Singer/Songwriter Martin Briley's solo career may have been brief, but he isn't bothered about it. Best known for the 1983 hit "The Salt in My Tears", Martin has always been way more comfortable working behind the scenes. He has been a session guy for artists like Ellen Foley, Ian Hunter, Julian Lennon and Bonnie Tyler (he even plays on "Total Eclipse of the Heart"), but his focus has always been on writing, preferably for anyone but himself. This has led to everyone from Celine Dion to N'Sync to Kenny Loggins to Greg Allman and even Patrick Swayze recording his tunes.Martin, in his own very dry and self-deprecating way, explains his feelings and motivations about his unique career, the stories behind some of his songs, and the new music he's making now. He downplays his talent, but Martin is an amazing songwriter ripe for rediscovery!
Whether you're aware of it or not, you've heard Tessa Niles' voice on dozens of beloved songs. She was one of Britain's most in demand backup singers for more than 20 years appearing with artists like ABC, Duran Duran, Tina Turner, Steve Winwood, Tears For Fears. In addition she toured with Eric Clapton, the Police, Robbie Williams and performed at Live Aid with David Bowie. She's written her entire story in the endlessly entertaining memoir Backtrack which is highly recommended. In our conversation, we cover all of these people as well as unbelievable interactions with Stevie Ray Vaughn, Mick Jagger, George Harrison and more. She's a wonderful lady with so much to say. Enjoy!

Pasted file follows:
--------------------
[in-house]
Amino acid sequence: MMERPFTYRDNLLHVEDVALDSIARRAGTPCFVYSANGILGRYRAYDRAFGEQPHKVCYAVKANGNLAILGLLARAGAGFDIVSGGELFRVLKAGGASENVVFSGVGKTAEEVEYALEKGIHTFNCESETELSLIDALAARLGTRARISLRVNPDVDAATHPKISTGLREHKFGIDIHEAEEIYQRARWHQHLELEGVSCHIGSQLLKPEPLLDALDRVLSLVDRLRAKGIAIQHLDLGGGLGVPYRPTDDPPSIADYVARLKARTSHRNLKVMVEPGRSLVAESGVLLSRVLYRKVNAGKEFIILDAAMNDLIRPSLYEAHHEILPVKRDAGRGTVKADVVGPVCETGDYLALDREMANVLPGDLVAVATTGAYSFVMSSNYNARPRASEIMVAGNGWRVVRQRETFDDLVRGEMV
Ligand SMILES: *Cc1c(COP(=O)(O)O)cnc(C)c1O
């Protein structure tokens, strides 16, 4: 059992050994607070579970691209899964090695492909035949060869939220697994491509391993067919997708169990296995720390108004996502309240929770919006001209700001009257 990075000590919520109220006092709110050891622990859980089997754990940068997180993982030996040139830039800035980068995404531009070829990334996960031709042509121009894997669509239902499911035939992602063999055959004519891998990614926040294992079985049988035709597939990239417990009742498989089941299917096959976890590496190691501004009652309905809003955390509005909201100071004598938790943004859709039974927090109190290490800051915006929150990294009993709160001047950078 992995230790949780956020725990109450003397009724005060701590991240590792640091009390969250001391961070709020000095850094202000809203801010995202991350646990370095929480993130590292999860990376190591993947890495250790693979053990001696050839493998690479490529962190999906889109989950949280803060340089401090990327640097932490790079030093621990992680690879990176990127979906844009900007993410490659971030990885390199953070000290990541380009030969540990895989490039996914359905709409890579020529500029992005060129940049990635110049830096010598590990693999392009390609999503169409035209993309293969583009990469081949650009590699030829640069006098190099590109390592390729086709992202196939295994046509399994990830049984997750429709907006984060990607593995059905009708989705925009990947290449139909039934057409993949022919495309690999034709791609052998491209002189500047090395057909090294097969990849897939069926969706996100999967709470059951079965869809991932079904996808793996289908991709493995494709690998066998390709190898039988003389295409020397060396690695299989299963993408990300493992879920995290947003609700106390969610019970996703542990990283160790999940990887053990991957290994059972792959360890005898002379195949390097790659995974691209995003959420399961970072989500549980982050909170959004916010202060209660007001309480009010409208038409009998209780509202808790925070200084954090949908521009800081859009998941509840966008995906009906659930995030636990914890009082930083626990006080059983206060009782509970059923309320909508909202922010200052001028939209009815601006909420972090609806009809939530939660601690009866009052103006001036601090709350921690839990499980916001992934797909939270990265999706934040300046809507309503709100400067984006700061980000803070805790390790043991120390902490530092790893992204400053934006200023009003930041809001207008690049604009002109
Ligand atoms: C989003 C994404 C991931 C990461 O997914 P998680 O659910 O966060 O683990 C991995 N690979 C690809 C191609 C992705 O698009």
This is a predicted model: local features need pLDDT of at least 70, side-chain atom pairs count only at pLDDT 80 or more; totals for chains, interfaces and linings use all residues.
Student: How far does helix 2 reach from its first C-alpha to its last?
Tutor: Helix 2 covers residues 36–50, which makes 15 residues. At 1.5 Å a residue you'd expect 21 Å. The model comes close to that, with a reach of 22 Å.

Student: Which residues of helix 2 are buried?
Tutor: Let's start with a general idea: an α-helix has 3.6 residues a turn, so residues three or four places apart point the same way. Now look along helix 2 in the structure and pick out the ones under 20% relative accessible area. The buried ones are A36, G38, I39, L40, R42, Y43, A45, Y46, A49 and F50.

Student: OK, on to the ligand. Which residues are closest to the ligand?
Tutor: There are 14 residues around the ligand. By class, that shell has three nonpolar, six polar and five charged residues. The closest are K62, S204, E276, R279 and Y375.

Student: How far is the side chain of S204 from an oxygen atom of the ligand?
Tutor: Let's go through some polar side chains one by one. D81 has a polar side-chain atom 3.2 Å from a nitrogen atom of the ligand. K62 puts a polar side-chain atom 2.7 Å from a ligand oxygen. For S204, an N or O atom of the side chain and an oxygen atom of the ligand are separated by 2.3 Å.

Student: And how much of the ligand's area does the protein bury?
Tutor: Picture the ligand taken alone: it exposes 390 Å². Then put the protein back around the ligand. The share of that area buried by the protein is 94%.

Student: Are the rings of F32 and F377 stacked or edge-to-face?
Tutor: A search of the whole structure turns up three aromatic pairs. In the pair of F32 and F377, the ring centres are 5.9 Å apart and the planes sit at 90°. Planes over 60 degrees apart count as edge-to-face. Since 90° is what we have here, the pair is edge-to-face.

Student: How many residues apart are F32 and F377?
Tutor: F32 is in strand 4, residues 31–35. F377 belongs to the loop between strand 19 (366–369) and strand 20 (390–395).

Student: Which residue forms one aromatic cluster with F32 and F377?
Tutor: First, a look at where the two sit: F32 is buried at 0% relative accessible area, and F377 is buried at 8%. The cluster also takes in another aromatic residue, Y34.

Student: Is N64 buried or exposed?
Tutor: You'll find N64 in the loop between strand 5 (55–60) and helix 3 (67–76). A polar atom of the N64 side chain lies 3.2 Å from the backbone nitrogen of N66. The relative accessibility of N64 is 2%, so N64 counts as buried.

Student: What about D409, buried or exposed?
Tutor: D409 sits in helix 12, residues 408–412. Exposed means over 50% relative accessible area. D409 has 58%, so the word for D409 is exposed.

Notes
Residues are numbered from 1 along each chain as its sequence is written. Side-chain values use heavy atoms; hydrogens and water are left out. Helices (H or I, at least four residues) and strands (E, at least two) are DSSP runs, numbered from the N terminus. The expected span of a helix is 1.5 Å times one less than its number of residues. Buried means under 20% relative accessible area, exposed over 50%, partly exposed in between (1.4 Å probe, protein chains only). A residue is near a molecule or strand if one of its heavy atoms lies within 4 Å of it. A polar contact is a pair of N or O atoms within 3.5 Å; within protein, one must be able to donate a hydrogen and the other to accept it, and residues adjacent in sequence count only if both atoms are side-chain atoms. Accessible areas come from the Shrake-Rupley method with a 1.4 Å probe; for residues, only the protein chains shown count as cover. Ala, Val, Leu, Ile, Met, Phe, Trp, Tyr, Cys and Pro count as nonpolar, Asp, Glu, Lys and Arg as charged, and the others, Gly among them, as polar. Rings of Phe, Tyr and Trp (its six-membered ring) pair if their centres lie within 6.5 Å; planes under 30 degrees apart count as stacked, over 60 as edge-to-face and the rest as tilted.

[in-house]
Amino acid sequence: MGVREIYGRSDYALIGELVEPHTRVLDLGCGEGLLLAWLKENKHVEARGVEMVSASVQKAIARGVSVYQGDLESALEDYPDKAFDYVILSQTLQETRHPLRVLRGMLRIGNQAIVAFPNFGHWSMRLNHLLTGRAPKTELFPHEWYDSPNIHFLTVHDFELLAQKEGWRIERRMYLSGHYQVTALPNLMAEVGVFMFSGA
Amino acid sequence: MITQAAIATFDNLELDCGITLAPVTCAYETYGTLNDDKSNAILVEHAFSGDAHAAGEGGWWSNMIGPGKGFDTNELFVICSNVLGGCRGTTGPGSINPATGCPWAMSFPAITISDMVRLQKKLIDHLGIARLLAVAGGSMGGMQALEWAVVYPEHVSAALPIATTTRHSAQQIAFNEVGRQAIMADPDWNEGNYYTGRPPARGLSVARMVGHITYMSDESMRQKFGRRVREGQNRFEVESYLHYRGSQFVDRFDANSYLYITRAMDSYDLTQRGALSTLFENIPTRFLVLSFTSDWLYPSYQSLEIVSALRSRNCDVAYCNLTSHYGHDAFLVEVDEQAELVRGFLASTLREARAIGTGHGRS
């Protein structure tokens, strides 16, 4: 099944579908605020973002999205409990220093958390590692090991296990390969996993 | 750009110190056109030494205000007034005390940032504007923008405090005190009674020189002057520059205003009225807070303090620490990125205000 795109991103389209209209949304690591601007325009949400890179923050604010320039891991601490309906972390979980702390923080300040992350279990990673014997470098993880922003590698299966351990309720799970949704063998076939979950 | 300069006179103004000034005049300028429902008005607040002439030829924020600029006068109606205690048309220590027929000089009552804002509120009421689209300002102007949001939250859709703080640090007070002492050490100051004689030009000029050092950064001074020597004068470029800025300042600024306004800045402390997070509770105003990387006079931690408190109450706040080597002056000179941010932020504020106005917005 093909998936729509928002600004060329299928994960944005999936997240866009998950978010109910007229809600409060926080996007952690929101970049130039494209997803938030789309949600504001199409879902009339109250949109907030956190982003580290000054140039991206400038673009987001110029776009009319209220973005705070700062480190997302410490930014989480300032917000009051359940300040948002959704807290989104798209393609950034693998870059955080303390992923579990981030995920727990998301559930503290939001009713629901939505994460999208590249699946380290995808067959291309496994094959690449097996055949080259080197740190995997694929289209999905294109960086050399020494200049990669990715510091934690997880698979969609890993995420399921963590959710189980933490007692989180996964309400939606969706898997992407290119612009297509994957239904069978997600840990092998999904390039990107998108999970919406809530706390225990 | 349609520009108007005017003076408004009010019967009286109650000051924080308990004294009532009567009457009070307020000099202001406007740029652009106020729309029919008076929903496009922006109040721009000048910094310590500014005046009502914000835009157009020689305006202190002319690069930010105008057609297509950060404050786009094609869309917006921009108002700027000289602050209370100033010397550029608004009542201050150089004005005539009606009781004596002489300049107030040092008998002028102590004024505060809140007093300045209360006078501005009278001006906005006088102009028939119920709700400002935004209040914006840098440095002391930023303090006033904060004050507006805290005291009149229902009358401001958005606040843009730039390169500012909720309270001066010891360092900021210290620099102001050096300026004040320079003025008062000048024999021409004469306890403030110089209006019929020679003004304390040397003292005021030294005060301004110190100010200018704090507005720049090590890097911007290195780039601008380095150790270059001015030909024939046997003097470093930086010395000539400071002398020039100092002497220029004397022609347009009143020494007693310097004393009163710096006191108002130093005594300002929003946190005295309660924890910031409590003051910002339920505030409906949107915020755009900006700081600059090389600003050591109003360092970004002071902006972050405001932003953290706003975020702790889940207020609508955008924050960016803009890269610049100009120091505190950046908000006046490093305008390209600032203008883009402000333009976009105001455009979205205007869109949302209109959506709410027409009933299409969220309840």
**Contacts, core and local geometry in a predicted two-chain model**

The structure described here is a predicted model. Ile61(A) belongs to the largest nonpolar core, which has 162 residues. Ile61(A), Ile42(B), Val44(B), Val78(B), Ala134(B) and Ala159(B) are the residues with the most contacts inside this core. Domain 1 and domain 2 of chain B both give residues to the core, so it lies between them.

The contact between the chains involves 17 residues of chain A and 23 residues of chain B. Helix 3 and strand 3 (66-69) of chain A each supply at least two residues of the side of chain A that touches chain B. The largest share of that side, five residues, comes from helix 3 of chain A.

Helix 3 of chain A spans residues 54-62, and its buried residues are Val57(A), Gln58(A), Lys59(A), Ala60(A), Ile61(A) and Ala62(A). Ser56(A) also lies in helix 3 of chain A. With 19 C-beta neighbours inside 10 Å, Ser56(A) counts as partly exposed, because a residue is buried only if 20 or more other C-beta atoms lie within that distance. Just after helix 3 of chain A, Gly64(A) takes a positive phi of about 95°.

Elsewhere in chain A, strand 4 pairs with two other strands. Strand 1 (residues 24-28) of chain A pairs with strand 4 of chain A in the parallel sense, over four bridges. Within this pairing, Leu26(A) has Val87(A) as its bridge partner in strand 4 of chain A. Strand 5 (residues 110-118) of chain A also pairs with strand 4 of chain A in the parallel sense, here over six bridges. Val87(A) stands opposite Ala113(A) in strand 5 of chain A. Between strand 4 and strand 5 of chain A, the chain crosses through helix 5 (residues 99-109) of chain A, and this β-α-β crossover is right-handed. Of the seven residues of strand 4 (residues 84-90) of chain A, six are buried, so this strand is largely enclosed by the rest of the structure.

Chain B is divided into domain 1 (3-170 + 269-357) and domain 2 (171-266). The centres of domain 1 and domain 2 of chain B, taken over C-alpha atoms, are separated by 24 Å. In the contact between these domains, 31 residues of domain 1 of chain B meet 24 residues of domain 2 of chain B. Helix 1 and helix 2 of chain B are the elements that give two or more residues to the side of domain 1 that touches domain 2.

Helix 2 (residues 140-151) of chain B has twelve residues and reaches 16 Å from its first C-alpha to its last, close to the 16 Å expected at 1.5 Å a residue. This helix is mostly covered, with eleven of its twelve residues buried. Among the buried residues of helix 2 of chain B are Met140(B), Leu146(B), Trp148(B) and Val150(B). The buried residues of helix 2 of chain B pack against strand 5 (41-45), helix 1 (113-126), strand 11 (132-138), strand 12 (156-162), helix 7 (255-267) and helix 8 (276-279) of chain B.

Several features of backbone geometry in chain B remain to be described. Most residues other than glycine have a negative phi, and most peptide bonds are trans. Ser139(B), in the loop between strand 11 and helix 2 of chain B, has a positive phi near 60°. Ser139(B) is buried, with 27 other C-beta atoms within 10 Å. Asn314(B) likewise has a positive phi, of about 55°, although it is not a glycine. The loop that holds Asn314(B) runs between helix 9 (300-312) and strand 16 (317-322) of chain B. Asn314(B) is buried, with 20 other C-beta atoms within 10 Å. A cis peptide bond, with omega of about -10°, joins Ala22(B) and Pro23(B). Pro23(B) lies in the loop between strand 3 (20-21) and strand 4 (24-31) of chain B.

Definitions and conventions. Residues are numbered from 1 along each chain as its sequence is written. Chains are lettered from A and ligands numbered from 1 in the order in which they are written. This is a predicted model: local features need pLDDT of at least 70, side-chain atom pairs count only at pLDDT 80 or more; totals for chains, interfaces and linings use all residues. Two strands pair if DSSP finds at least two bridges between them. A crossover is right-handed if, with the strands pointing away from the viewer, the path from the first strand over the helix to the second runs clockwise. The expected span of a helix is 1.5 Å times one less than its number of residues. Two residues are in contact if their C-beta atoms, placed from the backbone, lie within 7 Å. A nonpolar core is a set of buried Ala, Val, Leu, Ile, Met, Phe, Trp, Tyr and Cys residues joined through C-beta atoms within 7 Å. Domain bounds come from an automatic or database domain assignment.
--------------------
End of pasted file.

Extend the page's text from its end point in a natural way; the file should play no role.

Esteemed music writer John Aizlewood returns to the podcast to discuss his new book Joy Division + New Order: Decades. The book is a fantastic distillation of the band's story along with beautiful never before seen photos and reviews of every album, written in that intelligent and entertaining way that only John can do. We also discuss the band's place in history, it's current dysfunction and favorite songs. And, since we're lucky to have John back, we discuss some other artists too. Enjoy!